– dirkk
    Commented Jun 24, 2014 at 22:26
  • @dirkk I think you answered this in your original question. If what you're doing can be seen as associated with a political opinion: some people will and some of them will see "outspoken in support of something I/most of my team disagree with" as indicating a higher than normal likelihood of creating conflict and use that as an excuse to toss your resume. OTOH filtering works both directions do you really want to work for someone who disapproves of something you consider very important? Commented Jun 25, 2014 at 15:44
  • @DanNeely No, I certainly don't want that. However, I fear that also people which are simply uninterested in politics or don't have a strong opinion on political issues could also throw away my resume. While I don't want hostility to my political views, I also don't need political support from my co-workers. Of course it is nice if they think what I do is useful, but if they simply don't care I am also fine with that.
    – dirkk
    Commented Jun 25, 2014 at 16:08

+1 to @Dunk's comment. Keep in mind that politics can be divisive. If your CV is all about politics, potential bosses might worry whether you will bring your politics into the office and reduce everyone's productivity by long arguments.

Be careful with "I took longer to graduate because of my political activity". Everyone likes engaged people, but managers may wonder about your priorities if they read something like this.

So: by all means include your political work in your CV, just don't overemphasize it. And you probably don't want to point out the connection between your political work and your possible longer time to graduate.

  • Your comment makes very much sense to me. It is just a simply bullet point, the much more prominent parts are obviously my previous experiences and employers. I also don't intend to point out the connection between my political activities and longer time to graduate in my CV, I am just guessing hiring managers will probably do this themselves if they see the overlapping times. But I guess the question will come up at the interview, where I will explain it with this strategy (simply because it is true).
    – dirkk
    Commented Jun 24, 2014 at 22:09

Unless you're trying to find work in an industry that is very strongly "right-wing"...go right ahead and put it on your resume. It's experience that you gained. It's initiative, it's communications and planning.

Added bonus: if these things were important enough to you to take on these activities, and an employer really is strongly leery about hiring someone who supported those causes, then that's a hint that that probably isn't the company you want to work with. It wouldn't be the best interpersonal fit, if that's enough to make them prejudiced against hiring you.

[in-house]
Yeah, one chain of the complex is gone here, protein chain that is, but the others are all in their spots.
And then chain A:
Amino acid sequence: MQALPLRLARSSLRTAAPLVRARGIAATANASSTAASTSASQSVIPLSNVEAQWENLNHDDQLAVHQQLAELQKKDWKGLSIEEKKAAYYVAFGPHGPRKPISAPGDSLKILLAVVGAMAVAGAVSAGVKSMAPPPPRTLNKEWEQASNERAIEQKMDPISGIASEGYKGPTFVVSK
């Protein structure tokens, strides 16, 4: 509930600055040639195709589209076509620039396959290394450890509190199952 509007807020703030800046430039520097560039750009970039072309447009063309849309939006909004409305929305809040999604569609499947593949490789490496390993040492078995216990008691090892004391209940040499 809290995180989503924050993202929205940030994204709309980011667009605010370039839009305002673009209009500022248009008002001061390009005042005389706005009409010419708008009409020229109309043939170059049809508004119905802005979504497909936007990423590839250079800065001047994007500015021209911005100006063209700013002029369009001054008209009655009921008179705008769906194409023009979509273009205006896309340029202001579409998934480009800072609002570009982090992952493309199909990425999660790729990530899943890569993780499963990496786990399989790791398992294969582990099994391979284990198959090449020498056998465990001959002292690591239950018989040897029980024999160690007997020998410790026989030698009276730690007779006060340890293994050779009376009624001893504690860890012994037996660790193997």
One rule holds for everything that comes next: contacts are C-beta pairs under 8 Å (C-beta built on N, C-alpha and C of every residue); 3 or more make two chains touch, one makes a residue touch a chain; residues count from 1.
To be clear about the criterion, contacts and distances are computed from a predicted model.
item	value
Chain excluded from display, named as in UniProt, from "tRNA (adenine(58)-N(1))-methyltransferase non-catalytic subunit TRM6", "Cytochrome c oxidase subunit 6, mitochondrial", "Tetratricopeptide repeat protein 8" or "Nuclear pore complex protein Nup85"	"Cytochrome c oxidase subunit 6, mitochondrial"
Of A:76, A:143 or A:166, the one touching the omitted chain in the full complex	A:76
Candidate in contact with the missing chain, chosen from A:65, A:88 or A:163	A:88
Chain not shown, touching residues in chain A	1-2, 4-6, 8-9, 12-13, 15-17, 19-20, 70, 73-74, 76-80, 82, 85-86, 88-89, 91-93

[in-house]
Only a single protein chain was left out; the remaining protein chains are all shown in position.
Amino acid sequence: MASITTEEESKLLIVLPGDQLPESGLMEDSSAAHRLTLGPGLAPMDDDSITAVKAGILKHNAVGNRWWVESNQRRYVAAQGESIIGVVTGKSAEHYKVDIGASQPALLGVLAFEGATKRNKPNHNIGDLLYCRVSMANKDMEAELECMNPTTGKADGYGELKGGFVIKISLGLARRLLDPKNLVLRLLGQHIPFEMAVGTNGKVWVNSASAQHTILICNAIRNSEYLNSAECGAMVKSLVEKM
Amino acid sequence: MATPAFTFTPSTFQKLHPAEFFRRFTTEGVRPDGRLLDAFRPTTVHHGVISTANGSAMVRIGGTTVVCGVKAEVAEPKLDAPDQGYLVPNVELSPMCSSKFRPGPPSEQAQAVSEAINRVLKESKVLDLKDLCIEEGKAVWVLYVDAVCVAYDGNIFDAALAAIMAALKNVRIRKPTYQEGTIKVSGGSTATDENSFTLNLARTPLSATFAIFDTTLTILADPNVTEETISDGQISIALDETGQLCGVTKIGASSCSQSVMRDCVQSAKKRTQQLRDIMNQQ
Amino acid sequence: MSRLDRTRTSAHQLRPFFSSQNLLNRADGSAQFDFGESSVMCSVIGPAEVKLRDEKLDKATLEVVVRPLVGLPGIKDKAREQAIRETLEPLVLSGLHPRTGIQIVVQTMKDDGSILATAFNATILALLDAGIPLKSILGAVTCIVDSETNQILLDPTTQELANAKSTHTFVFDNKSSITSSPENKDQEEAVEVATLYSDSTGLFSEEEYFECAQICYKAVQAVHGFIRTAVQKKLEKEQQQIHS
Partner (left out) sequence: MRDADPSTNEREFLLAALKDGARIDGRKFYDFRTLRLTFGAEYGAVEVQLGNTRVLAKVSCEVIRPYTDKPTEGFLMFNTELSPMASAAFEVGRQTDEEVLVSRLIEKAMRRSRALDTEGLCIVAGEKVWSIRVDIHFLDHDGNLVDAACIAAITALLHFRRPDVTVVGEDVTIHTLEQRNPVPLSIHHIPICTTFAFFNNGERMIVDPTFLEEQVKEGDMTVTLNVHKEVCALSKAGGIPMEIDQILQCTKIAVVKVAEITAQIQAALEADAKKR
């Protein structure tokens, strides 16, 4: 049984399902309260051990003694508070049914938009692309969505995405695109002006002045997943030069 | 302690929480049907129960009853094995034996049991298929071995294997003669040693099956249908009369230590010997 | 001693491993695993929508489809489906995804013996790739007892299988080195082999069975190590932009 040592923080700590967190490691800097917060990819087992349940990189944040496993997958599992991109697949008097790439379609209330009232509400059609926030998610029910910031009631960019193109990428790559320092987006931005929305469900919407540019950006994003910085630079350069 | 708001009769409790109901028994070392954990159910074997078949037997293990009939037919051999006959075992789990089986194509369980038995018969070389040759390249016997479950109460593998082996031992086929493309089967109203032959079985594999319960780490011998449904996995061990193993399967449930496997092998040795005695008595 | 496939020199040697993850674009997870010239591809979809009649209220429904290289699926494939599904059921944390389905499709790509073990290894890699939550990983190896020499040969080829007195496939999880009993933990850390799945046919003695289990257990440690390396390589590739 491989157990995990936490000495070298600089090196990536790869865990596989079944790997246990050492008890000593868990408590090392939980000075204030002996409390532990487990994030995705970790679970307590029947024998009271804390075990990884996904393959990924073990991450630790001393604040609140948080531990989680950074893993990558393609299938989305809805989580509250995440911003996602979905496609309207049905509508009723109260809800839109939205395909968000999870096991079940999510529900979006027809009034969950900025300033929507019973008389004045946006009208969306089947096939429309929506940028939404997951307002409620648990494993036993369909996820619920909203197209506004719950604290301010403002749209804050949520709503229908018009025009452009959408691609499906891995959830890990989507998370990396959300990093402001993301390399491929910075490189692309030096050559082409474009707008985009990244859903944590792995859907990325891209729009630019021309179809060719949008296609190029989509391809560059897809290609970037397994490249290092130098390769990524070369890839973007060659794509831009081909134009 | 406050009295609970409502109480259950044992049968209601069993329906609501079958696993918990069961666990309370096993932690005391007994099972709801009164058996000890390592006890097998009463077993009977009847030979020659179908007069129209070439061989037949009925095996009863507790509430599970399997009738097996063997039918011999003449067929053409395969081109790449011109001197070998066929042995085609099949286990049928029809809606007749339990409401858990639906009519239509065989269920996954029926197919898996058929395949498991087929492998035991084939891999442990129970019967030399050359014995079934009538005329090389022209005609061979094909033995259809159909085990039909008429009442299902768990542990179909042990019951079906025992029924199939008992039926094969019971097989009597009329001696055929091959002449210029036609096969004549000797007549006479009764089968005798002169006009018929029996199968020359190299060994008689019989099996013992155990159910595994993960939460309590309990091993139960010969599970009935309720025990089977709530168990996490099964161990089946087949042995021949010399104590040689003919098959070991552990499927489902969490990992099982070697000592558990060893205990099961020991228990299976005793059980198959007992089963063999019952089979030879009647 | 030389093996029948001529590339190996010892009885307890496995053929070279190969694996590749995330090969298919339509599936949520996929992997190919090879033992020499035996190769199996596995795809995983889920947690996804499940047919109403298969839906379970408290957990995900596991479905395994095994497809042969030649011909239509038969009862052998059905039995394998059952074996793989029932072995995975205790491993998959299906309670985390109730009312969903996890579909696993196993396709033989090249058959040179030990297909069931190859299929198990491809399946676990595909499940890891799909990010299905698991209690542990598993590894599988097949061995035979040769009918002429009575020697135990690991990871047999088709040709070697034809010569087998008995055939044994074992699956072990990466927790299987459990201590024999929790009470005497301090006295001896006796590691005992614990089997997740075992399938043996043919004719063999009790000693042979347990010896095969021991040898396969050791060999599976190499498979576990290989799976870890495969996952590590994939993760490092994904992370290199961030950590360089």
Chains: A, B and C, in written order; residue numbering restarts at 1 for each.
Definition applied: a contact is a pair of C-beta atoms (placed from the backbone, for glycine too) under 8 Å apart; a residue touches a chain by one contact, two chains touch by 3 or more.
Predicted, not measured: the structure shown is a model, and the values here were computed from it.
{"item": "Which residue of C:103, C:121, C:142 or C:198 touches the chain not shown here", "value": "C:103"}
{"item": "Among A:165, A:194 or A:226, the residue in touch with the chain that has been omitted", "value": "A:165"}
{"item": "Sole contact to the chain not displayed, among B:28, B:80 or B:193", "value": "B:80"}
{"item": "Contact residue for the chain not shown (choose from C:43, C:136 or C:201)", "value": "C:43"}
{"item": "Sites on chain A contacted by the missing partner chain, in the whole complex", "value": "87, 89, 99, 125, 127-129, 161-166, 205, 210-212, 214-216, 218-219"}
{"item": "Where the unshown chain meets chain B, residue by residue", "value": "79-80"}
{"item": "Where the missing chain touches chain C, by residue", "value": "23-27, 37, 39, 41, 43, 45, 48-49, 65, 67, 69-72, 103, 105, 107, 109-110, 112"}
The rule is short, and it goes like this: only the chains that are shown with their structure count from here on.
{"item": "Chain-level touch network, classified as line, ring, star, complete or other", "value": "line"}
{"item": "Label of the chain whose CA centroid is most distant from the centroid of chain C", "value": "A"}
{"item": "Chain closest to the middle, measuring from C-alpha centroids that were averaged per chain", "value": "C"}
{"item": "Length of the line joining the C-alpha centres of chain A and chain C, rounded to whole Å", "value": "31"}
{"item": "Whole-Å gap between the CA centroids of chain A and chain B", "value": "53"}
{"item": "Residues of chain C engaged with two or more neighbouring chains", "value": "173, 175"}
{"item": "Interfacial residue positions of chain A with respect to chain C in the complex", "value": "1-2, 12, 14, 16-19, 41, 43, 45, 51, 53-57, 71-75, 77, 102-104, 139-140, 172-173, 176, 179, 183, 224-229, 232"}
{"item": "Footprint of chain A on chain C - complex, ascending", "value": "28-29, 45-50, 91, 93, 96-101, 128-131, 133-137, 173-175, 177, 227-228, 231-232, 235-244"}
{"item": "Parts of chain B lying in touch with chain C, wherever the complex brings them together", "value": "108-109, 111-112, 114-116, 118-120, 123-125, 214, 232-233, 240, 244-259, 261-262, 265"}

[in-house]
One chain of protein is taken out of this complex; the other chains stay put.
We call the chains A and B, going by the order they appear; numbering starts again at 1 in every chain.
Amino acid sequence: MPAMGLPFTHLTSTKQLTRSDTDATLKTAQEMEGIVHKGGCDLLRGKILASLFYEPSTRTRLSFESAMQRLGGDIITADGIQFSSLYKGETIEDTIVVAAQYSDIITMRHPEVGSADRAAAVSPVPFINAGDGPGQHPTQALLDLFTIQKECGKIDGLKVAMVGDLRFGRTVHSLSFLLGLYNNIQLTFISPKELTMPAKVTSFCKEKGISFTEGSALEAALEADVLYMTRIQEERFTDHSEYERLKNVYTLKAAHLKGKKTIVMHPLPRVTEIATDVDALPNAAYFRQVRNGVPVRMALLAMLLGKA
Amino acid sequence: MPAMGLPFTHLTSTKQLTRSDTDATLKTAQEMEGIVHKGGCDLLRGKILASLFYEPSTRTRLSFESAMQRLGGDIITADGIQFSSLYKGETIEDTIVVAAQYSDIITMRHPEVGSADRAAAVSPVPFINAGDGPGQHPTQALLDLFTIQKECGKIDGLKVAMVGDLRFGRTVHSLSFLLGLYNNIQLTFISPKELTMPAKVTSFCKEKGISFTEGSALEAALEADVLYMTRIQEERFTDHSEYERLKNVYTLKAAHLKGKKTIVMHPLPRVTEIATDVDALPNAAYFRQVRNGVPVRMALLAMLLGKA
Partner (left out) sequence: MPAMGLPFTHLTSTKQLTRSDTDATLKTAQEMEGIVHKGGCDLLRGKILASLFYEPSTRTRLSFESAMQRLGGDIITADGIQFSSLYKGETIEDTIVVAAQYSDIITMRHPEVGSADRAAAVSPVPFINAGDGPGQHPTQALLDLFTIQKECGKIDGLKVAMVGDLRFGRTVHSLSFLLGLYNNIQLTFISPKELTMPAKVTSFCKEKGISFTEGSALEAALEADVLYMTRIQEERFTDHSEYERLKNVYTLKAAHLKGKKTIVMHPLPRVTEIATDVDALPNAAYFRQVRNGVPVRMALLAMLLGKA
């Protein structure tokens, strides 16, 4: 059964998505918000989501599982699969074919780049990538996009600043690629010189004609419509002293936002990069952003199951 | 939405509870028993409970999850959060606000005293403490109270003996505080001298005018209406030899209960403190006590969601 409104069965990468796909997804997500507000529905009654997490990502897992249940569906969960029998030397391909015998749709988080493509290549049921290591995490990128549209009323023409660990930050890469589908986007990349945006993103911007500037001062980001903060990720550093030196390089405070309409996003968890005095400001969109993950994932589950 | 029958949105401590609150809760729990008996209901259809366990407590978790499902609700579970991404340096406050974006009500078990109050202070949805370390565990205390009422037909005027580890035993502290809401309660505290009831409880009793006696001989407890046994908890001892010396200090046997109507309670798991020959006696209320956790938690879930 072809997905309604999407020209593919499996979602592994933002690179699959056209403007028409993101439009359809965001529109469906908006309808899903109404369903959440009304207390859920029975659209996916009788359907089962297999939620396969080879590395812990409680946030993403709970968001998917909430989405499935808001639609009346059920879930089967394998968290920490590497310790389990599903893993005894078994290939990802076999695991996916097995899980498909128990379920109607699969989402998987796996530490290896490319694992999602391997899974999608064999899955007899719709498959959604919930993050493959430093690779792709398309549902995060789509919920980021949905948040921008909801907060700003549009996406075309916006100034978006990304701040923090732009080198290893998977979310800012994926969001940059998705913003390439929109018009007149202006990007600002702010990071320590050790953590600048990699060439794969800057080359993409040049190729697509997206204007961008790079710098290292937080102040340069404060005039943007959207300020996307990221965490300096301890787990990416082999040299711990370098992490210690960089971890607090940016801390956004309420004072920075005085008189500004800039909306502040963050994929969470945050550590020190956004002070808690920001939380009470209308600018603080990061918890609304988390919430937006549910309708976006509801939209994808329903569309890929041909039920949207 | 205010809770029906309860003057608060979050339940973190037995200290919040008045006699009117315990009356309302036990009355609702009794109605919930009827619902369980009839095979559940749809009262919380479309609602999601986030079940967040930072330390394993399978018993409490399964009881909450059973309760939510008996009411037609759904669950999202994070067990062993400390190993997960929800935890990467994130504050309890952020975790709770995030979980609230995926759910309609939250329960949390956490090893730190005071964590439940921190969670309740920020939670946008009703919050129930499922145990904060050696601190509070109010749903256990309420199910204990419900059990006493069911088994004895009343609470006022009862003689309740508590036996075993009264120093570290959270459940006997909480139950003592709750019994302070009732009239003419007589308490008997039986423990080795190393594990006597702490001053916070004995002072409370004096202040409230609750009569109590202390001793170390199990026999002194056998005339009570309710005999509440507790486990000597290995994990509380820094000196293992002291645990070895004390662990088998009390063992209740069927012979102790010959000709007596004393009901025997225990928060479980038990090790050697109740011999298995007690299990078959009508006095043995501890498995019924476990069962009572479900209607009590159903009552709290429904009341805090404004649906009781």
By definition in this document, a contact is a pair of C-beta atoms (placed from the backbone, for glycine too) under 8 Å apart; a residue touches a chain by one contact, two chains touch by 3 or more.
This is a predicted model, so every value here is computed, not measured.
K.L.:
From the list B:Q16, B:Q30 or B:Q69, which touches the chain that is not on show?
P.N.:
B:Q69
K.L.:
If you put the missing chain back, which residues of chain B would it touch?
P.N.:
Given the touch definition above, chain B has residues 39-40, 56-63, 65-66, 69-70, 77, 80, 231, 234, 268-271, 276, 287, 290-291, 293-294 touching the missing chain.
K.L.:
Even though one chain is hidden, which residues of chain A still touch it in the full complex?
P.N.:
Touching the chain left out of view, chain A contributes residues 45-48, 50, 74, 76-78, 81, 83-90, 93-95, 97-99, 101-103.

• While it is certainly true that I also do not want to work for a company where e.g. racism is tolerated, I should also add that it did work for a very big company and obviously they don't really care about that stuff. I am also not completely against working for a large corporation once again.
    – dirkk
    Commented Jun 24, 2014 at 21:10
  • Big corporations don't automatically all discriminate against ppl who have political activities on their resume. And if a particular big corporation does have problems with someone working for/supporting human rights...well, there are other companies to work for.
    – user22432
    Commented Jun 24, 2014 at 21:28
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    Big companies are still made up of individual people. So it is not a question of a big corporation having a problem with any particular activity. All it takes is an individual person. However, it seems like the OP is a new grad, so I would think that even die hard conservatives would not hold it against them for being involved in liberal activities. Just don't be demeaning and say some back-handed put down, like Leigh has done twice now' if asked in the interview. A conservative won't hold your liberal activities against you but a self-righteous attitude would certainly be held against you.
    – Dunk
    Commented Jun 24, 2014 at 21:45
  • @Leigh I guess my wording was a bit misleading. I never meant that big corporations discriminate anyone. With "they don't really care about that stuff" I was just referring that big corporation normally don't care about what I do in my free time.
    – dirkk
    Commented Jun 24, 2014 at 22:03
  • @dirkk They certainly do care what you do in your free time, if your activity, and the fact you are employed by company, will end up in evening news for bad reason. Usually your activity is not on news, and they don't care. They will start care the moment you are in the news. Commented Jun 24, 2014 at 22:13